By 1970 he was teaching at the University of Maryland School of Architecture. Here, his skills would take him and his students to places like Russia, Egypt, Mexico and Spain to explore “saving the communities.” He founded and directed a student summer program in historic preservation. Believing that students learned best in field work, he negotiated with private owners for student support in restoring old buildings. One of his first projects was in one of America’s oldest seaside resorts, Cape May, New Jersey, where the oldest hotel, the Chalfonte Hotel built in 1876, needed help. Students worked on its restoration for several years, saving it from a disastrous ending.
Riversdale, the museum in Prince George’s county that had been the home of Charles Benedict Calvert, a descendent of Maryland’s founders, and founder of the school now known as University of Maryland, also benefited from the students’ preservation efforts.
Maryland’s founding family are also acknowledged by the University of Maryland, thanks to Fogle’s outside of the box thinking. Kiplin Hall, in Yorkshire, England was built in the 1620s by George Calvert, first Baron Baltimore, founder of Maryland. The mansion had suffered during World War II, when it was occupied by troops and airmen, and was slated for destruction like so many others. Owner Bridget Talbot, a family descendent, refused to let it go.
She contacted Leonard Crewe, president of the Maryland Historical Society, in an effort to save the estate. Crewe reciprocated with funding for a new roof. Aware of the University’s award-winning preservation program, he contacted Fogle, then an associate dean at the school, who went off to England to view the estate. For Fogle, Kiplin Hall represented the perfect place for student study in restoration. In 1987, the first students arrived to begin saving the very neglected estate. Founded by Fogle, the Maryland Study Center at Kiplin Hall was born. Dormitories for students and staff were restored in a remodeled old farm house and stable on site. Forty years later, Kiplin shines and the study center thrives.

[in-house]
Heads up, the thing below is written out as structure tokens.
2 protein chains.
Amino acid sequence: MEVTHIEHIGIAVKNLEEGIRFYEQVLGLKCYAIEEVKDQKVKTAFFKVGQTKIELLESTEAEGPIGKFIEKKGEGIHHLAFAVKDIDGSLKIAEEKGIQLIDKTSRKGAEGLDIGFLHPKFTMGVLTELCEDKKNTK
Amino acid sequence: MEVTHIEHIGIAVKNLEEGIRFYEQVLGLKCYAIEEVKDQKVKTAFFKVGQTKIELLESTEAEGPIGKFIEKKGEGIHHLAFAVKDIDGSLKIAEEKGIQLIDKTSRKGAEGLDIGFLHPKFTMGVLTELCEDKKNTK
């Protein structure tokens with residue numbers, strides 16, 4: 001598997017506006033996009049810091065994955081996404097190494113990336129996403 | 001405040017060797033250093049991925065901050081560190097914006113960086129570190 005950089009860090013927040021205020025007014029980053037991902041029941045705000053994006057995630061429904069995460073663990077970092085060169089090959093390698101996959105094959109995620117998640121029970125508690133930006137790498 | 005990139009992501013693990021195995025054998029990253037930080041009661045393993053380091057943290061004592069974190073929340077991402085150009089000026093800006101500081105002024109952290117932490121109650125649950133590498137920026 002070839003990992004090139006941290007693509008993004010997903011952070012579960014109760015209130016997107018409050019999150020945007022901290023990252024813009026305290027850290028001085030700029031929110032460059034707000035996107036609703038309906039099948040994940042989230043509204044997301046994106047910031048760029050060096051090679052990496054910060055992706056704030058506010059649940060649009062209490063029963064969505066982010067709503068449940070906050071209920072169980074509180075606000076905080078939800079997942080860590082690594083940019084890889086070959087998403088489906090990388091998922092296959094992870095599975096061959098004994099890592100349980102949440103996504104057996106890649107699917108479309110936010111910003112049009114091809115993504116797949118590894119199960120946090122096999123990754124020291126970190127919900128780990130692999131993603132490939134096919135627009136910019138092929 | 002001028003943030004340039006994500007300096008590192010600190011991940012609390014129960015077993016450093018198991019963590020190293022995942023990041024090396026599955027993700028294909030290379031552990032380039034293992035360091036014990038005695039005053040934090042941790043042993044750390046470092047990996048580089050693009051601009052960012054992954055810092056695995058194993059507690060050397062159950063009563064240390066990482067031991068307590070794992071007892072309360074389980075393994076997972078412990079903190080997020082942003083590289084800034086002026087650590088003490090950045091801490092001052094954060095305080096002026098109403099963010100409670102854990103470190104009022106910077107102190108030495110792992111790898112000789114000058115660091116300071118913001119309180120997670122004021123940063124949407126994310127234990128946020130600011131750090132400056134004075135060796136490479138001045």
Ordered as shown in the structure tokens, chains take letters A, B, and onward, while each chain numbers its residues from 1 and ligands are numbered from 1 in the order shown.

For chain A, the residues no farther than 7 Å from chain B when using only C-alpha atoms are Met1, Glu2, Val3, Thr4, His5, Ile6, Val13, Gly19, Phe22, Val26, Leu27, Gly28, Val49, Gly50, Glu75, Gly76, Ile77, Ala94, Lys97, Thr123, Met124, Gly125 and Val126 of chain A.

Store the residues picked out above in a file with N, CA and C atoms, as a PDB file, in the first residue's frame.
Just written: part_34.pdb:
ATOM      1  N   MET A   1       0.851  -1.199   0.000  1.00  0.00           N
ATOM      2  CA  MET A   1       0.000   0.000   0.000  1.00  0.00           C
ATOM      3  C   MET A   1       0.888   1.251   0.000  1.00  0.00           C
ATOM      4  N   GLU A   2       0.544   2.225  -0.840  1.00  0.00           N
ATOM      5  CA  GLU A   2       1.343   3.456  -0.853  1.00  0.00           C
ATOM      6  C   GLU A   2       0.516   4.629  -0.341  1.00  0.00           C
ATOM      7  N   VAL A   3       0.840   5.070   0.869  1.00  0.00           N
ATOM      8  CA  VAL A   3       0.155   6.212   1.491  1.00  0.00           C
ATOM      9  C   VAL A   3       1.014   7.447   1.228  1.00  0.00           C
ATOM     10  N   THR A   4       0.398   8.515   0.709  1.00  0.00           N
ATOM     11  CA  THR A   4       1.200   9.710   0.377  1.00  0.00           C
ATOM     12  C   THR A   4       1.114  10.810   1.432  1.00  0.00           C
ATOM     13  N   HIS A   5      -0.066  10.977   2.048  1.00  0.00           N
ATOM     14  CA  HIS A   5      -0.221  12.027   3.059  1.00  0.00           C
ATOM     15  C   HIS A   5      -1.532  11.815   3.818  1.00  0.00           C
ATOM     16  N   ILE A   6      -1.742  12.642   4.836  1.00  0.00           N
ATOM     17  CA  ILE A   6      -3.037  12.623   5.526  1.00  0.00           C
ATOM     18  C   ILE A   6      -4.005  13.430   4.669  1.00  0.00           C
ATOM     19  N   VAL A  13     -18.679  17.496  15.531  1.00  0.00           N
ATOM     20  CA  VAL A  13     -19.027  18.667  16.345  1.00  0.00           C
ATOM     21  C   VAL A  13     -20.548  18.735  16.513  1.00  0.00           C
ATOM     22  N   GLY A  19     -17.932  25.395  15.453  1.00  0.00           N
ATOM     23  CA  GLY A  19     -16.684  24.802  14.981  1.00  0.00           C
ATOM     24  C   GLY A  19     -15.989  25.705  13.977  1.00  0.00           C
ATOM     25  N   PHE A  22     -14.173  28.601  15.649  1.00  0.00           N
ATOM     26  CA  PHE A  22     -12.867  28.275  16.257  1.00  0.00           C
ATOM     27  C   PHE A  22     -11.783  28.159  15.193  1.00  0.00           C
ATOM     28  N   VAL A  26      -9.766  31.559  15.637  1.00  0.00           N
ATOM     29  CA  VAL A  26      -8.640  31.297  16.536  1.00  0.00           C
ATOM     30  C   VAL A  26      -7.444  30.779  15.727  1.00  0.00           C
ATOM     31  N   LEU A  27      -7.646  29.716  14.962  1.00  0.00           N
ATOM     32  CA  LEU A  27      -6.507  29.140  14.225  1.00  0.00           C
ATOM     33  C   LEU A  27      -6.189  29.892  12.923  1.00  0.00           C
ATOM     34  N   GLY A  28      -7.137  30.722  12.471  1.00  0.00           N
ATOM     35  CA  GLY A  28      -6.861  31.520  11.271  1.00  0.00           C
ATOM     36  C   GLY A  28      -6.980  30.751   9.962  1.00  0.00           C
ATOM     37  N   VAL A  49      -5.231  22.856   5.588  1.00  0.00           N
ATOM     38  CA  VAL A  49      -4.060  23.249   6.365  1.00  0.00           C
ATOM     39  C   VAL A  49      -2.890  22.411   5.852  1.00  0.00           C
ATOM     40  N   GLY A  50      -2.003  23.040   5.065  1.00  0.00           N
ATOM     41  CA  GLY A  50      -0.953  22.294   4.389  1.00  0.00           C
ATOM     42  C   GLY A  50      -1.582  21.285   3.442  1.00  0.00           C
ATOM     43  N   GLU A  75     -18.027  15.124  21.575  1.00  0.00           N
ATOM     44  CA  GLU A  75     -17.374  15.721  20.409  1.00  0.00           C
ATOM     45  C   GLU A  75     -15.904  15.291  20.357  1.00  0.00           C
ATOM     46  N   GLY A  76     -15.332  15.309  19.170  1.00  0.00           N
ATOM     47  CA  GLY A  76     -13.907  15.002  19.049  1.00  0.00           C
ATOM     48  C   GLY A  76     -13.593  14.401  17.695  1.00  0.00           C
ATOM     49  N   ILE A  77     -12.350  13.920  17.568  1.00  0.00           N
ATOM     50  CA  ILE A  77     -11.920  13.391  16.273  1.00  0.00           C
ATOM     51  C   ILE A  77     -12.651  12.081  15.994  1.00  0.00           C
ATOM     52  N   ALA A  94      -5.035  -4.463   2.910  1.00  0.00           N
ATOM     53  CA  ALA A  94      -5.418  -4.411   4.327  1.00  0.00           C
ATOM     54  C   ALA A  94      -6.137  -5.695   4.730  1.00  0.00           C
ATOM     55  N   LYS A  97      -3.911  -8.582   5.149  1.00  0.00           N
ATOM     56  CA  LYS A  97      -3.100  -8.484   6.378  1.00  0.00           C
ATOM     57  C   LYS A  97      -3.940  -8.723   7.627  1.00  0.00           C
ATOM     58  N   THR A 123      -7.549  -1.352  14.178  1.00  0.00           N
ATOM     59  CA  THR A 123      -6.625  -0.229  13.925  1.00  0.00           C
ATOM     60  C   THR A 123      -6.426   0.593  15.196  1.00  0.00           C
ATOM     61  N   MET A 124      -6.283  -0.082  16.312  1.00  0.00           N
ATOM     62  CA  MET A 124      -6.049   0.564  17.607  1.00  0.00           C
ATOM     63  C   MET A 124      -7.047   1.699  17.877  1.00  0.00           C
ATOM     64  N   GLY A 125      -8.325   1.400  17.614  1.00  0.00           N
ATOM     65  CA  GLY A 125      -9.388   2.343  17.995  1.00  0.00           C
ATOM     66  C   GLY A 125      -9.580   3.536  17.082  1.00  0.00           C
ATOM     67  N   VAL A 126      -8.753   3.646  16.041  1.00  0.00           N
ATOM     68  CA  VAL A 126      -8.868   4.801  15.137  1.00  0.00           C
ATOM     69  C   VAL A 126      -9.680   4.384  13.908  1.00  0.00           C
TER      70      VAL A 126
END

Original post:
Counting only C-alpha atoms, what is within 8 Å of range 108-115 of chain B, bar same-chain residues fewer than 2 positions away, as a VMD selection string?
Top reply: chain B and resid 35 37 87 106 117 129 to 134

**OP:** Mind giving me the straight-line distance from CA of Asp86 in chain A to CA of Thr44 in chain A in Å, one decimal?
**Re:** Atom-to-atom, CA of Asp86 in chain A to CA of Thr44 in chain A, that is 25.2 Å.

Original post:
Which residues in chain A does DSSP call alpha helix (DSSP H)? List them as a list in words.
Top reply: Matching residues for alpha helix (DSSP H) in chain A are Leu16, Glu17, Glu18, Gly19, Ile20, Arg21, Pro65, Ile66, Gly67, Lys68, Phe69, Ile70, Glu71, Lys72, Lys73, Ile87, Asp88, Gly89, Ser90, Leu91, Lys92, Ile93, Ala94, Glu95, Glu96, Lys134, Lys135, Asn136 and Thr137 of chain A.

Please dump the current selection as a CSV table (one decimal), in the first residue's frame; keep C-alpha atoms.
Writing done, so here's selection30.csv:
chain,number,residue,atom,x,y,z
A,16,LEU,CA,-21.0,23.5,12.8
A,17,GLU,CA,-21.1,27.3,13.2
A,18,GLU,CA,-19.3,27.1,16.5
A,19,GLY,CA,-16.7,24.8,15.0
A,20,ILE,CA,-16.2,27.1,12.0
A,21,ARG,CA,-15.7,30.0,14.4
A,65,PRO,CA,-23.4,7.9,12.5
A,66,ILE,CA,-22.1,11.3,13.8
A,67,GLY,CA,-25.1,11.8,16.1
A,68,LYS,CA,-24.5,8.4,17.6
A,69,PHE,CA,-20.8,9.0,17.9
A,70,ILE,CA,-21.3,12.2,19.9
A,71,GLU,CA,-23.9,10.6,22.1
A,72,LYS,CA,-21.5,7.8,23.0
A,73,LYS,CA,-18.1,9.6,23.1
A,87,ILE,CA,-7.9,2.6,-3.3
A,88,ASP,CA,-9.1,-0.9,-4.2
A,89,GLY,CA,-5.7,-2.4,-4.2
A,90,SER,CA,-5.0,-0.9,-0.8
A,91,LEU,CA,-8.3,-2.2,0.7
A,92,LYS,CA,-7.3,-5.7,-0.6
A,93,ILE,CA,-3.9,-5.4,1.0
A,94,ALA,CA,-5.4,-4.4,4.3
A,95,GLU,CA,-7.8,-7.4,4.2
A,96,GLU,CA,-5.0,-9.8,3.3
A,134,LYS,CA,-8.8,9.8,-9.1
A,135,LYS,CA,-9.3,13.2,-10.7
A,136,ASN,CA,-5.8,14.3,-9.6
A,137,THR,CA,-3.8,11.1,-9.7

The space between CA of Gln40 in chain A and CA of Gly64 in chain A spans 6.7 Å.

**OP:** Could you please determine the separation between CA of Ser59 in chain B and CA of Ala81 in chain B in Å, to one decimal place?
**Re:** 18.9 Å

The study center is now endowed and has a partnership with Anne Arundel County Public Schools. Students from Annapolis High School bunked at the study center on a venture to the historic theatre in Richmond.
The David P. Fogle Travel Scholarship endowment was established to provide awards to students participating in the University’s historic preservation program. In 1998, Fogle began a scholarship program for historic preservation graduate students in honor of St. Clair Wright, the founder of Historic Annapolis. In 2020, Fogle contributed another sizable endowment managed by the University to ensure The Maryland Study Center at Kiplin continues to thrive.
Convinced that identity is linked with a place, and that preservation helps us all know more about who and where we are, David Fogle breathed life into preservation programs around the world. In following his youthful path of big dreams to save the world, his unbridled spirit has touched and enhanced our lives in ways that could inspire and energize us all.